I'm a Professor in the Department of Philosophy at Warwick. My current research is on intellectual vices, post-truth, extremism, the philosophy of terrorism, and the philosophy of general practice. My first four books were on the self, self-knowledge, and other topics in epistemology, the philosophy of mind and the philosophy of Kant. I am currently writing a book called Extremism: A Philosophical Analysis. In the 2019/20 academic year I am teaching an honours module on the Philosophy of Terrorism and Counterterrorism and a first year module on Knowledge, Ignorance and Bullshit. I am the Director of Research for the Department of Philosophy and a member of the Philosophy Sub-panel for the assessment phase of the 20121 Research Excellence Framework (REF2021).
I have published 6 books in all, including two in 2019: Vices of the Mind: From the Intellectual to the Political (Oxford University Press) and Conspiracy Theories. (Polity Press). A review of Vices of the Mind in the New Statesman describes it as 'superb' and 'icily furious'. The journal Mind describes it as 'a landmark in the study of epistemic vices'. An extract from the book is available here. An extract from Conspiracy Theories is available here. My previous books were Self-Knowledge for Humans (Oxford 2014), Berkeley's Puzzle: What Does Experience Teach Us? (Oxford 2014, written with John Campbell), The Possibility of Knowledge (Oxford 2007), and Self and World (Oxford 1997). The 20th anniversary of the publication of my first book was marked by this event at Senate House, London, in 2017.
I've been at Warwick since 2009. I was previously Knightbridge Professor of Philosophy at Cambridge and Professor of Philosophy at UCL. I was a Professorial Fellow of King's College, Cambridge and have also held Visiting Professorships at the University of California, Berkeley, and Northwestern University. However, most of my career was spent at Oxford, where I read Philosophy, Politics and Economics (PPE) as an undergraduate at Keble College. I went on to do a B.Phil. and then a D.Phil., supervised for the most part by Sir Peter Strawson. My first job in philosophy was at Oriel College, Oxford, as Fellow and Lecturer. I moved to Wadham College, Oxford, in 1986 and spent 18 years there as Fellow and Tutor in Philosophy before my move to UCL.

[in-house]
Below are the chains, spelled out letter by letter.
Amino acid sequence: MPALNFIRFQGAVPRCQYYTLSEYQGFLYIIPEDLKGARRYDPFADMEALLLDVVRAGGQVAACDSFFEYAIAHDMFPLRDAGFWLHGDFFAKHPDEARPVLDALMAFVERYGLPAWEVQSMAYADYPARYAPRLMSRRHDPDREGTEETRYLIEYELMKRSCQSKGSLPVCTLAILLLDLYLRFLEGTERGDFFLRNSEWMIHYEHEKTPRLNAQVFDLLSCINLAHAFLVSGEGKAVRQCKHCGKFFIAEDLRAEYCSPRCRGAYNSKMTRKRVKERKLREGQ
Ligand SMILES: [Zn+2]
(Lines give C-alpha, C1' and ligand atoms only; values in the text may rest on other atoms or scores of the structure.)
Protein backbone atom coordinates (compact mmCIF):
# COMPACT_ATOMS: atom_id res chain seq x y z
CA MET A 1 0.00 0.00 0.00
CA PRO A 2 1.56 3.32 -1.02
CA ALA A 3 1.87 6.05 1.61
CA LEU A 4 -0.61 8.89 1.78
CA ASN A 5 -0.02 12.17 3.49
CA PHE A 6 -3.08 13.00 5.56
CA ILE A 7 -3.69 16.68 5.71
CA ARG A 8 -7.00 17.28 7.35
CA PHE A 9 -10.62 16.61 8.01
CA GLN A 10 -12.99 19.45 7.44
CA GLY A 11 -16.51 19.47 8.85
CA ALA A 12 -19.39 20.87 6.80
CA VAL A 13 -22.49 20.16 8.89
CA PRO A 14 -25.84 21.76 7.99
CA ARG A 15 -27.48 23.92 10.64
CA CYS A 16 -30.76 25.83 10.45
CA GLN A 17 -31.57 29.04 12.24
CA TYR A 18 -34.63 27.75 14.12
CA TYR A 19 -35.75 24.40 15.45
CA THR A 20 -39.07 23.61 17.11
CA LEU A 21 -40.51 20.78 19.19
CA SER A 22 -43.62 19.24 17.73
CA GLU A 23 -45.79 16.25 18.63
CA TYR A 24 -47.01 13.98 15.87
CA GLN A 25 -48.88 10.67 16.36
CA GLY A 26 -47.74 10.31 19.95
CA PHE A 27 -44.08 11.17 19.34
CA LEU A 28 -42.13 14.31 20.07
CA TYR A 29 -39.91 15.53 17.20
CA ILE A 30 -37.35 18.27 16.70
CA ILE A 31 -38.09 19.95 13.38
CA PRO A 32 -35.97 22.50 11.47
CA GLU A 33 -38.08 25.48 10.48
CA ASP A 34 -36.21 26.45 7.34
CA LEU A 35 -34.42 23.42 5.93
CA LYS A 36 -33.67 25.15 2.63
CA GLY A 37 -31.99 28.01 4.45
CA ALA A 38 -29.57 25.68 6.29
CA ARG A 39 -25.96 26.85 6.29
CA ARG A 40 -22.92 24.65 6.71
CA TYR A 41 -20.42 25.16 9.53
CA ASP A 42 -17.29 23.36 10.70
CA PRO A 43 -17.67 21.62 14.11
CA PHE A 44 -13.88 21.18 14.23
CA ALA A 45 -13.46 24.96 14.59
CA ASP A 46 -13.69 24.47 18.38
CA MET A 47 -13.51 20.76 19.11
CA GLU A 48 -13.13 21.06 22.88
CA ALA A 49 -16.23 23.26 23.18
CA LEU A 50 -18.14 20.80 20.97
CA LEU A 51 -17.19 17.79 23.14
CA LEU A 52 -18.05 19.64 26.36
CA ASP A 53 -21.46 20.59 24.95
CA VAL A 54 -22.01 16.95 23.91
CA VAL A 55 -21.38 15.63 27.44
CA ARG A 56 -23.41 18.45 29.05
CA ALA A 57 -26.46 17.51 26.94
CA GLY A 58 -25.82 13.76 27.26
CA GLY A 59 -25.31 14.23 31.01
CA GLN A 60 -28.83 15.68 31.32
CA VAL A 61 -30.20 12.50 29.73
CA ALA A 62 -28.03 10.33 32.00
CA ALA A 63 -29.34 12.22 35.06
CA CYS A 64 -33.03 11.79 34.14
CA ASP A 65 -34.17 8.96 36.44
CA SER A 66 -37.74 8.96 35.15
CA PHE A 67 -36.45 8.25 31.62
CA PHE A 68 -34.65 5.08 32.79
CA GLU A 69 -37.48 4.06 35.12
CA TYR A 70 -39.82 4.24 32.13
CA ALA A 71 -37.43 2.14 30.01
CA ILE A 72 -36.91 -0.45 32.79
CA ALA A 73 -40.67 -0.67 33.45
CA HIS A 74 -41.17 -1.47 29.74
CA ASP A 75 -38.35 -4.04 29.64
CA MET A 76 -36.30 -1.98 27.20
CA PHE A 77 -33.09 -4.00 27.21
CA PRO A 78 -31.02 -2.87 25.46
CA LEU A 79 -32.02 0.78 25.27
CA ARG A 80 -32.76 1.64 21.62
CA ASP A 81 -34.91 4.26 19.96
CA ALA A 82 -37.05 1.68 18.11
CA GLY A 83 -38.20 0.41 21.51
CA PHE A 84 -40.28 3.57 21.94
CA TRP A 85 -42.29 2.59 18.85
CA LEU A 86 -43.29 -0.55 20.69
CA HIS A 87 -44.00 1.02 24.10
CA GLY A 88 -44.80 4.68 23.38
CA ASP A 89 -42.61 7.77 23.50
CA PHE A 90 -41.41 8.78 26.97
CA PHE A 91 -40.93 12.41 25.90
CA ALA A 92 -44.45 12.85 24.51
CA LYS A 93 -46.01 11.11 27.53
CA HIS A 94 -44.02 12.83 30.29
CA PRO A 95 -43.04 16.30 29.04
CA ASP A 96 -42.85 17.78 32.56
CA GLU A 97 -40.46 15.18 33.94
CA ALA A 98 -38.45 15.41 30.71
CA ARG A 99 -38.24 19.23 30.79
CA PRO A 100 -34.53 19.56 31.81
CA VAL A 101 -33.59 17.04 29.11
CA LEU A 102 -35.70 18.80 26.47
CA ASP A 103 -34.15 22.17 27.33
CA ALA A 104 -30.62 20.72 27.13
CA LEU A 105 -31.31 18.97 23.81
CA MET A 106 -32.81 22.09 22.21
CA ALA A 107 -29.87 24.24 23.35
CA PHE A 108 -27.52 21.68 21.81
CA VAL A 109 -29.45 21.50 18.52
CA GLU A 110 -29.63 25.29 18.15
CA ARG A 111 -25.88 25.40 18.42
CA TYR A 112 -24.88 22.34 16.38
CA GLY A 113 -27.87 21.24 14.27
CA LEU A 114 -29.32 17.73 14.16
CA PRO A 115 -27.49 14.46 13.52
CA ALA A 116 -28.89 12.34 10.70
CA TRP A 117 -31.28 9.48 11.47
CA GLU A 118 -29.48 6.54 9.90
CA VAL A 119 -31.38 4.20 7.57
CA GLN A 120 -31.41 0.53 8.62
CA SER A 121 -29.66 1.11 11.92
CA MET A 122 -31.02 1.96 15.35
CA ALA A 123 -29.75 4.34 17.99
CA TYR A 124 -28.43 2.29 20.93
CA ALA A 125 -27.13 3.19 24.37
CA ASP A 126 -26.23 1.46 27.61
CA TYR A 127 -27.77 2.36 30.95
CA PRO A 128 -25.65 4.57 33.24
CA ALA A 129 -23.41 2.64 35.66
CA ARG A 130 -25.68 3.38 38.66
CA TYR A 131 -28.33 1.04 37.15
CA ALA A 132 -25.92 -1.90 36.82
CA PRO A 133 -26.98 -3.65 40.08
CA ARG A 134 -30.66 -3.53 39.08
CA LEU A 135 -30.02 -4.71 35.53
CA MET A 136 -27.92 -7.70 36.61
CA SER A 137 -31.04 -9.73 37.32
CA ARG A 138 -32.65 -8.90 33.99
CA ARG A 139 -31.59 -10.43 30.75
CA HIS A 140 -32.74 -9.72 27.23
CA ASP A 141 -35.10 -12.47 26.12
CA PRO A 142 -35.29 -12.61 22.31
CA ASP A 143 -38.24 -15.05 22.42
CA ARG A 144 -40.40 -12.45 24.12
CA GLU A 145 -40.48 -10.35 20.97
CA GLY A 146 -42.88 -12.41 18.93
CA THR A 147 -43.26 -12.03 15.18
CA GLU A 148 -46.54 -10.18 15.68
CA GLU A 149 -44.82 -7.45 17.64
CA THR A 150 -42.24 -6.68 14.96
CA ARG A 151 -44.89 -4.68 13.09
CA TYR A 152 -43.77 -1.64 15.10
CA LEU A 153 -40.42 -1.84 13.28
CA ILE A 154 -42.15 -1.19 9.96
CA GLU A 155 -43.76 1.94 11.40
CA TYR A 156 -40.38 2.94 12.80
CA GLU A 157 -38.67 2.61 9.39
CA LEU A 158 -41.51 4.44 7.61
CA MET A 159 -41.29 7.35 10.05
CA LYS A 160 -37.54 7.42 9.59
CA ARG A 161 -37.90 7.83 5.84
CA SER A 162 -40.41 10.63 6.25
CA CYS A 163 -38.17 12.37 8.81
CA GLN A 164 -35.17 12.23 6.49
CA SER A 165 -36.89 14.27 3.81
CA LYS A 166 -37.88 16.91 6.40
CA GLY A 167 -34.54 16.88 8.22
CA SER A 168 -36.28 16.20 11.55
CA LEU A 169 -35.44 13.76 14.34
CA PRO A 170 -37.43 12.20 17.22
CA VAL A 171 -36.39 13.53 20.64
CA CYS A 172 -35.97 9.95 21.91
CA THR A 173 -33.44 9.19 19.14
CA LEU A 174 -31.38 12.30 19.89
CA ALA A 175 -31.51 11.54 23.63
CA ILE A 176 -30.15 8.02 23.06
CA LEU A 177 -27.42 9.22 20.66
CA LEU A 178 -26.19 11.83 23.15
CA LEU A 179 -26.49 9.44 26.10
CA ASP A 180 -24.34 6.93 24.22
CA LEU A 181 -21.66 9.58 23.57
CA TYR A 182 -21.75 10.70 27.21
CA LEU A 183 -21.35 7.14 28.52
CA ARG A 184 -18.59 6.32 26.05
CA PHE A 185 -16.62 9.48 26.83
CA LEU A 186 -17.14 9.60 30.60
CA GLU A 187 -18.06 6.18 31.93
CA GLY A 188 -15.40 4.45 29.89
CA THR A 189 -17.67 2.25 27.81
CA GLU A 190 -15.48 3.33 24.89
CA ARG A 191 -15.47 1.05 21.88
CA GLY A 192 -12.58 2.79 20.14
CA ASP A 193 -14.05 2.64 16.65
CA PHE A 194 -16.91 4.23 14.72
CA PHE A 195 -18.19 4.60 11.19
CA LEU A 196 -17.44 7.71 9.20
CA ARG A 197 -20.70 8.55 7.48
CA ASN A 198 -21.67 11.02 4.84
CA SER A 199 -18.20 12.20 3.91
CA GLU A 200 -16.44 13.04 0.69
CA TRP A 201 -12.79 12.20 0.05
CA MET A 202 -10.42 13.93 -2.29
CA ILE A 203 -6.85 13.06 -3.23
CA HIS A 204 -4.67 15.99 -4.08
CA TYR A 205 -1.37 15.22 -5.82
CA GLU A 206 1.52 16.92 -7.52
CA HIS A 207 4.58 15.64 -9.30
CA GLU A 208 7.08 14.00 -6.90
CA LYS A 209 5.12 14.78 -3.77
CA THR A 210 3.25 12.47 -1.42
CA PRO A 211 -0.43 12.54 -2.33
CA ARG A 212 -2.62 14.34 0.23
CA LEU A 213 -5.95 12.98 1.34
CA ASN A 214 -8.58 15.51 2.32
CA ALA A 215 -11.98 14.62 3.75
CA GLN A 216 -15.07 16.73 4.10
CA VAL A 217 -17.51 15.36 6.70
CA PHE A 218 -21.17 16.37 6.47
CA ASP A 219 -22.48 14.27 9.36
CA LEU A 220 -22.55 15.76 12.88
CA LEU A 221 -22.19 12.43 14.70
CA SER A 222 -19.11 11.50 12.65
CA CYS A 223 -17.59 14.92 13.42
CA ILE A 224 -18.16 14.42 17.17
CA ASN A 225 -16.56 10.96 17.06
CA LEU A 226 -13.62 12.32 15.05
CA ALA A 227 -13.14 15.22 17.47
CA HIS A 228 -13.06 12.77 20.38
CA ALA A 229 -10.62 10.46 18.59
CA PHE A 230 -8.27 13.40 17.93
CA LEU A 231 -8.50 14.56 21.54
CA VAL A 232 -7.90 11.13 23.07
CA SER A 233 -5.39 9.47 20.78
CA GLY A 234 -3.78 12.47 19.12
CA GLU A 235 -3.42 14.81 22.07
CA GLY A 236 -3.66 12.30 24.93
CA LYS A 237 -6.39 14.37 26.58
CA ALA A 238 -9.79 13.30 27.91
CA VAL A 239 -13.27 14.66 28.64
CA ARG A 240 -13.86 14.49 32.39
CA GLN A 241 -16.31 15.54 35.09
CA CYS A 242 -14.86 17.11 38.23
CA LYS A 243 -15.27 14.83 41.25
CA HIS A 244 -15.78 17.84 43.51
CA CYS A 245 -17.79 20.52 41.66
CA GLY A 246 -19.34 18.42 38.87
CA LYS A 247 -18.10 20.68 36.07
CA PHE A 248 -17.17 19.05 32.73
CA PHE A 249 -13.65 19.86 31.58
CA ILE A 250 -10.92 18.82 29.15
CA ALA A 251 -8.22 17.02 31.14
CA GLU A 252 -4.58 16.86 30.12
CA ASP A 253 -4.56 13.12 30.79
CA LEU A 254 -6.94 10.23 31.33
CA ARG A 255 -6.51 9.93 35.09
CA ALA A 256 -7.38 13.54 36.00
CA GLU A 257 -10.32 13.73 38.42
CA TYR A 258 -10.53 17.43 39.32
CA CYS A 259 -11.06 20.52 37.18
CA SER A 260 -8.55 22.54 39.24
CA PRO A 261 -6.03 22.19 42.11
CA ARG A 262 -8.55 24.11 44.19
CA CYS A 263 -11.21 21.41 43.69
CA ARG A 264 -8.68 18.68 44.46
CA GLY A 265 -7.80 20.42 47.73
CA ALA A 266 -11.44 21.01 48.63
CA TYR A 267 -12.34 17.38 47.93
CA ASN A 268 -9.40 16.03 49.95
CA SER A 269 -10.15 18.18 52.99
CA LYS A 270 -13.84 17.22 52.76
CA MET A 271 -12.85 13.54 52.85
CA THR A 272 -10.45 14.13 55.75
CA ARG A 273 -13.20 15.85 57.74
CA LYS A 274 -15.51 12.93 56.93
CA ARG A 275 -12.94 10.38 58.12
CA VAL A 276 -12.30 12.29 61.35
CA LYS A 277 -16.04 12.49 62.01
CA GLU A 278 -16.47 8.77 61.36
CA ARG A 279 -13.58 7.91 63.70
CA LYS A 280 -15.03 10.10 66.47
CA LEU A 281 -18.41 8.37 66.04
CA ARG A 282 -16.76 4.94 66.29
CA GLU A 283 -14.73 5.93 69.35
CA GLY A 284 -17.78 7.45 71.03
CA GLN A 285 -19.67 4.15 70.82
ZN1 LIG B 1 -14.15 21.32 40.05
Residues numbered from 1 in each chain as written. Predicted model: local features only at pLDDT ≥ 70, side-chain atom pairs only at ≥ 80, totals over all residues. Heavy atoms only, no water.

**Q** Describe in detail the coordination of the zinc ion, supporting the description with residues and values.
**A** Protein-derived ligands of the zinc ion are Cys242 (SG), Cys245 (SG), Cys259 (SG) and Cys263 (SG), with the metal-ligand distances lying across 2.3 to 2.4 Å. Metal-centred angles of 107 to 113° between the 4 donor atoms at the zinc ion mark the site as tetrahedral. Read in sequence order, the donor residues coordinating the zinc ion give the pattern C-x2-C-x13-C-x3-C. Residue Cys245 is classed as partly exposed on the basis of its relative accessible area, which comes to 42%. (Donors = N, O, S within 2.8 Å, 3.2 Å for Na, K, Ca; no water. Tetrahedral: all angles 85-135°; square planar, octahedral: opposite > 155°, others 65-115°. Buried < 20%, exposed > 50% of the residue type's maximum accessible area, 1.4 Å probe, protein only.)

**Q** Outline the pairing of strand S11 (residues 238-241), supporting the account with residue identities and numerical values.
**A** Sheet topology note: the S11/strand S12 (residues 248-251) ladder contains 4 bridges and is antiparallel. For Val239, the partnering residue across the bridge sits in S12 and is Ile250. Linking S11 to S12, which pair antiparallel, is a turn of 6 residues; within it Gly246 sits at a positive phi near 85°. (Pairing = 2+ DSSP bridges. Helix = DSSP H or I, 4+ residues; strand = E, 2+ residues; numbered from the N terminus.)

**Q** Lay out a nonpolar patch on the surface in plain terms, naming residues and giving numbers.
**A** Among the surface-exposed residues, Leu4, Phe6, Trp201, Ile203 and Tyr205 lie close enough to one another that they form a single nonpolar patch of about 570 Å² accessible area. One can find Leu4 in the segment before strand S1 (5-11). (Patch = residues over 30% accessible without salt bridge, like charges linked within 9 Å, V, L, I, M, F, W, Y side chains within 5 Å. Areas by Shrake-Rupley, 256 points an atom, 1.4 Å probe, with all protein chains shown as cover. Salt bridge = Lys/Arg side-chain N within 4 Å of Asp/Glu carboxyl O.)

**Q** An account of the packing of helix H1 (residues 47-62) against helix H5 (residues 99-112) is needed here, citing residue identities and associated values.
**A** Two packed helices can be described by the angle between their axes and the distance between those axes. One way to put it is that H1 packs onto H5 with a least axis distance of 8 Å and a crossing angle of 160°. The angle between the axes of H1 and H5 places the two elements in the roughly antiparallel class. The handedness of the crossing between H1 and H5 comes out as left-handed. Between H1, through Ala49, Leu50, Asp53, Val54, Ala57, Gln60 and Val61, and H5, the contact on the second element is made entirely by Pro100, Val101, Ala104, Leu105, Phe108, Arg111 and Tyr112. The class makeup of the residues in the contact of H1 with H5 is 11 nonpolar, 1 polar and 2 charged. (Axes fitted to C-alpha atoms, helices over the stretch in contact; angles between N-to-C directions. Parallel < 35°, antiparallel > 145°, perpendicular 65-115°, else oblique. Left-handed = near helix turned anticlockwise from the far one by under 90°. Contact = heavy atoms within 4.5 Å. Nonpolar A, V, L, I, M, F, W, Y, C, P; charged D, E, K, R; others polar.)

In 2016 I was awarded a Leadership Fellowship by the Arts and Humanities Research Council for an 18 month project on intellectual vices ('Vice Epistemology'). The resulting book was Vices of the Mind: From the Intellectual to the Political . I discuss some of the book's main ideas in this article for the Philosophers' Magazine, in this podcast with Sean Carroll, and also in this conversation with Robert Talisse on the New Books Network. An edited volume called Vice Epistemology, co-edited with Heather Battaly (University of Connecticut) and Ian James Kidd (University of Nottingham) has been commissioned by Routledge and is in preparation. The Vice Epistemology project also gave rise workshops on professional vices and virtues in modern medicine, the epistemology of counterterrorism, and resistance to change. You can hear me discussing resistance to change in this podcast.
I summarized my ideas about conspiracy theories in this article for the New Statesman. I was also interviewed about conspiracy theories on ABC Radio, Australia. My TEDx talk on conspiracy theories, which I gave in 2017, has been viewed over 100,000 times on YouTube. I recently launched a website on Professional Virtues in Modern Medicine and I also run a website on self-knowledge. I have written about self-knowledge for the New York Times, about conspiracy theorists for Aeon, about head transplants for CNN, and voluntary euthanasia for The Guardian. I have appeared on Newsnight (BBC2), The World Tonight (BBC Radio 4) and Free Thinking (BBC Radio 3). I am also on Twitter (@QCassam).
There is more information about my career and interests in this interview with the Freethink Tank and this one with the American Philosophical Association. My CV and publications, including open access versions of some published papers, are available here.
Professor of Philosophy
Advice and Feedback hours: Thursdays 10-12 (except Reading Week)